The recent study joins a range of ongoing researches and trials, assessing the potential medical use of psychedelic substances; implying perhaps a psychedelic renaissance within the global academia. Central to those studies are psilocybin mushrooms, LSD, and DMT, the active principle in Ayahuasca. Those have been found to be beneficial for addressing the core issues beyond depression, anxiety, and various addiction problems.
The broad media exposure that followed the study’s publication has drummed up a global public discussion about the current regulation of the substances. Today in the UK, psychedelic drugs are classified as Class A, Schedule 1 drugs. The meaning of such classification is the criminalization of psychedelics’ consumers, a ban on the use of those for medical purposes, and a very strict bureaucracy in researching those substances.
The clinical psychologist Dr Rosalind Watts and Leor Roseman, a PhD student with a background in neuroscience, both part of the Imperial College’s Psychedelic Research Group, have enlightened The Voice of London with their professional accounts on the subject. Together with the wisdom of Dr David Luke, a psychologist from Greenwich University’s Psychedelic Research Group, they’ve shared insights of the recent study, along with the explanation of what it is that happens in our brain under the influence of the psilocybin. Dive into the following video to discover the therapeutic potential of magic mushrooms, the facts, the risks, and the medical future that we might be approaching.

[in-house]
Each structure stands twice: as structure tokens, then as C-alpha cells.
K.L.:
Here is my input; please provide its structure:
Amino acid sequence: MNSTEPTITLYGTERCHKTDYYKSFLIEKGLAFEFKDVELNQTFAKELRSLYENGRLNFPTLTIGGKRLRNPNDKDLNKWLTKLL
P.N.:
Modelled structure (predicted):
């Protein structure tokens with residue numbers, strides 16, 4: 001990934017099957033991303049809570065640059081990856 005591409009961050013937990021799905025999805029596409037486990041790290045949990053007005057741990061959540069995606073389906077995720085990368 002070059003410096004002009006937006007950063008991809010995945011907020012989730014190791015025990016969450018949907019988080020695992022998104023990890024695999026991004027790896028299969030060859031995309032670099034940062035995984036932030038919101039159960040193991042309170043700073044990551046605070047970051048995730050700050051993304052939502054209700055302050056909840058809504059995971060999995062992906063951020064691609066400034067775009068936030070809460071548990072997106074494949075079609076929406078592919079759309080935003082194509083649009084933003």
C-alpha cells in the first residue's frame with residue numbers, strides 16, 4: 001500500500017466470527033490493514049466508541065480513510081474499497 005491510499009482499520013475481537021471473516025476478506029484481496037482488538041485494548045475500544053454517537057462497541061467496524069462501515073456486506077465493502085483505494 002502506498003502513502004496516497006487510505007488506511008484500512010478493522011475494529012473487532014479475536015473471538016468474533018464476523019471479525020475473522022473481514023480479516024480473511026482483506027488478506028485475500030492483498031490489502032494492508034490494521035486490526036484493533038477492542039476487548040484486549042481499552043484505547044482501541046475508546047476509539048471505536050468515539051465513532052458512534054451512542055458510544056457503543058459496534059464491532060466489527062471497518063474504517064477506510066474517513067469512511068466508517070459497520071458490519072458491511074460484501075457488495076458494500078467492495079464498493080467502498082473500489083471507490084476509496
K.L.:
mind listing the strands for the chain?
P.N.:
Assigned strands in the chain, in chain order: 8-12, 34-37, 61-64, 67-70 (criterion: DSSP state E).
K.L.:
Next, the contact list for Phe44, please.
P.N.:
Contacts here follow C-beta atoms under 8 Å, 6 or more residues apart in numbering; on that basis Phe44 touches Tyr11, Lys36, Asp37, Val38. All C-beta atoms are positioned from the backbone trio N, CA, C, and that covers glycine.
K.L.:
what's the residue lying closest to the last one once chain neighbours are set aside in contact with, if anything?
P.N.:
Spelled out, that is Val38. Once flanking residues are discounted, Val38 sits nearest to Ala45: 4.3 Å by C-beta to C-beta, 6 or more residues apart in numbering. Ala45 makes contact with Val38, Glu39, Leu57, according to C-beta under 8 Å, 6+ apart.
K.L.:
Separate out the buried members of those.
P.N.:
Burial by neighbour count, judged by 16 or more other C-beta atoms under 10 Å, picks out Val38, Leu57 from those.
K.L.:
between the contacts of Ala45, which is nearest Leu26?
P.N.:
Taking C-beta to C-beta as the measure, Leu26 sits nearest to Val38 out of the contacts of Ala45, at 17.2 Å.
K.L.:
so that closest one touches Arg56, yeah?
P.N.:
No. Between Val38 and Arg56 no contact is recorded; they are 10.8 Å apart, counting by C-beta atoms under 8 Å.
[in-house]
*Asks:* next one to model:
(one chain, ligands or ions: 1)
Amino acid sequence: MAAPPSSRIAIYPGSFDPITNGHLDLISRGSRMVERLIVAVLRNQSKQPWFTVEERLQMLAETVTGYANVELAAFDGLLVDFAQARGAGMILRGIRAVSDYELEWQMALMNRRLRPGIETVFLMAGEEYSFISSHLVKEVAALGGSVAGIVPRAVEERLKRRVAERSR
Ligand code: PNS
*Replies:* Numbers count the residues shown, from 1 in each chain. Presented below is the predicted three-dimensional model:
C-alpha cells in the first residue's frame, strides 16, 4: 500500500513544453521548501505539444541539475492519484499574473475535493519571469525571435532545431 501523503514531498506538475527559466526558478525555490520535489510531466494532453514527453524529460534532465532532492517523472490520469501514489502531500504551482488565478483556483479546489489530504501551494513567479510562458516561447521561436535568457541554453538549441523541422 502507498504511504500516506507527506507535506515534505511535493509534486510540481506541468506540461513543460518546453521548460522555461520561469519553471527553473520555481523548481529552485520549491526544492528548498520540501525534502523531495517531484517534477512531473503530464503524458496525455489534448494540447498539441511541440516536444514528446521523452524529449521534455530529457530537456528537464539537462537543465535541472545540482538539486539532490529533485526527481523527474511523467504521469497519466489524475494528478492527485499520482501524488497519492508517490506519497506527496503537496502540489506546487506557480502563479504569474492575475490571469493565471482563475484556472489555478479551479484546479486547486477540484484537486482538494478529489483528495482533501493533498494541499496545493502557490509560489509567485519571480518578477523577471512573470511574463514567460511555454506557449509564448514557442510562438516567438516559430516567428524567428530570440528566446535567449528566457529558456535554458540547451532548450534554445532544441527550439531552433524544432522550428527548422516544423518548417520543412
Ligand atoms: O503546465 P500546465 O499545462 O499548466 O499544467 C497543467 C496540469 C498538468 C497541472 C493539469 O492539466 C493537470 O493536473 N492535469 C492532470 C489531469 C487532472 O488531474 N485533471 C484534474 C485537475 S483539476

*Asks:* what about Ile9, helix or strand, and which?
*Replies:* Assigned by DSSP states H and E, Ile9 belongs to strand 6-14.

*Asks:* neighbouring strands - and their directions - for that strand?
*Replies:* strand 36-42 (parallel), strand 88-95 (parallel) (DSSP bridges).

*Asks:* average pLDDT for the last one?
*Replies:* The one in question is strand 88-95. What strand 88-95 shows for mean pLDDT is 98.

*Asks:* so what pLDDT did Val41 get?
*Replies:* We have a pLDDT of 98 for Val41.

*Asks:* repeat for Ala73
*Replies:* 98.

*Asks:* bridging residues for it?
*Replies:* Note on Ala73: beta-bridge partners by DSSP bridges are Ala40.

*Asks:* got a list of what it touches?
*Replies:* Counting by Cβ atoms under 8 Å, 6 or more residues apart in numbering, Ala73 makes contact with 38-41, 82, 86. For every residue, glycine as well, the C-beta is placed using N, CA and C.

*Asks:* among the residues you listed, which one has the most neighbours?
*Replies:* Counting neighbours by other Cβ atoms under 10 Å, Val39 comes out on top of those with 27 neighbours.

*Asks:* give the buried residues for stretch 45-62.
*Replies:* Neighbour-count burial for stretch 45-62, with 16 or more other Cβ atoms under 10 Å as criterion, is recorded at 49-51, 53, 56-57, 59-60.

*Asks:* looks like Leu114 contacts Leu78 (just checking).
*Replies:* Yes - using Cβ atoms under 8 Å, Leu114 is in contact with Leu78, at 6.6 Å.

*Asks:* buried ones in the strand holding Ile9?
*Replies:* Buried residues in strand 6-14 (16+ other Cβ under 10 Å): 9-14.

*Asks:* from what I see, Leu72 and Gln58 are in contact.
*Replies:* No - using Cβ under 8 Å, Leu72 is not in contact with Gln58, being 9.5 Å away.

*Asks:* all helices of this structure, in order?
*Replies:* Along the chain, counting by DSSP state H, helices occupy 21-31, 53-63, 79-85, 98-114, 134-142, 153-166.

The lobby for psychedelic legalisation: Meet London’s Psychedelic Society
The current discussion over psychedelic’s regulation isn’t a product of the academia alone, but also a way of living, a protest perhaps, of a particularly colourful group within the city’s landscape, known as London’s Psychedelic Society. Consisting of intellectuals, explorers, and free-spirits, the group advocates, in their words, “the careful use of psychedelics as a tool for personal and spiritual development”.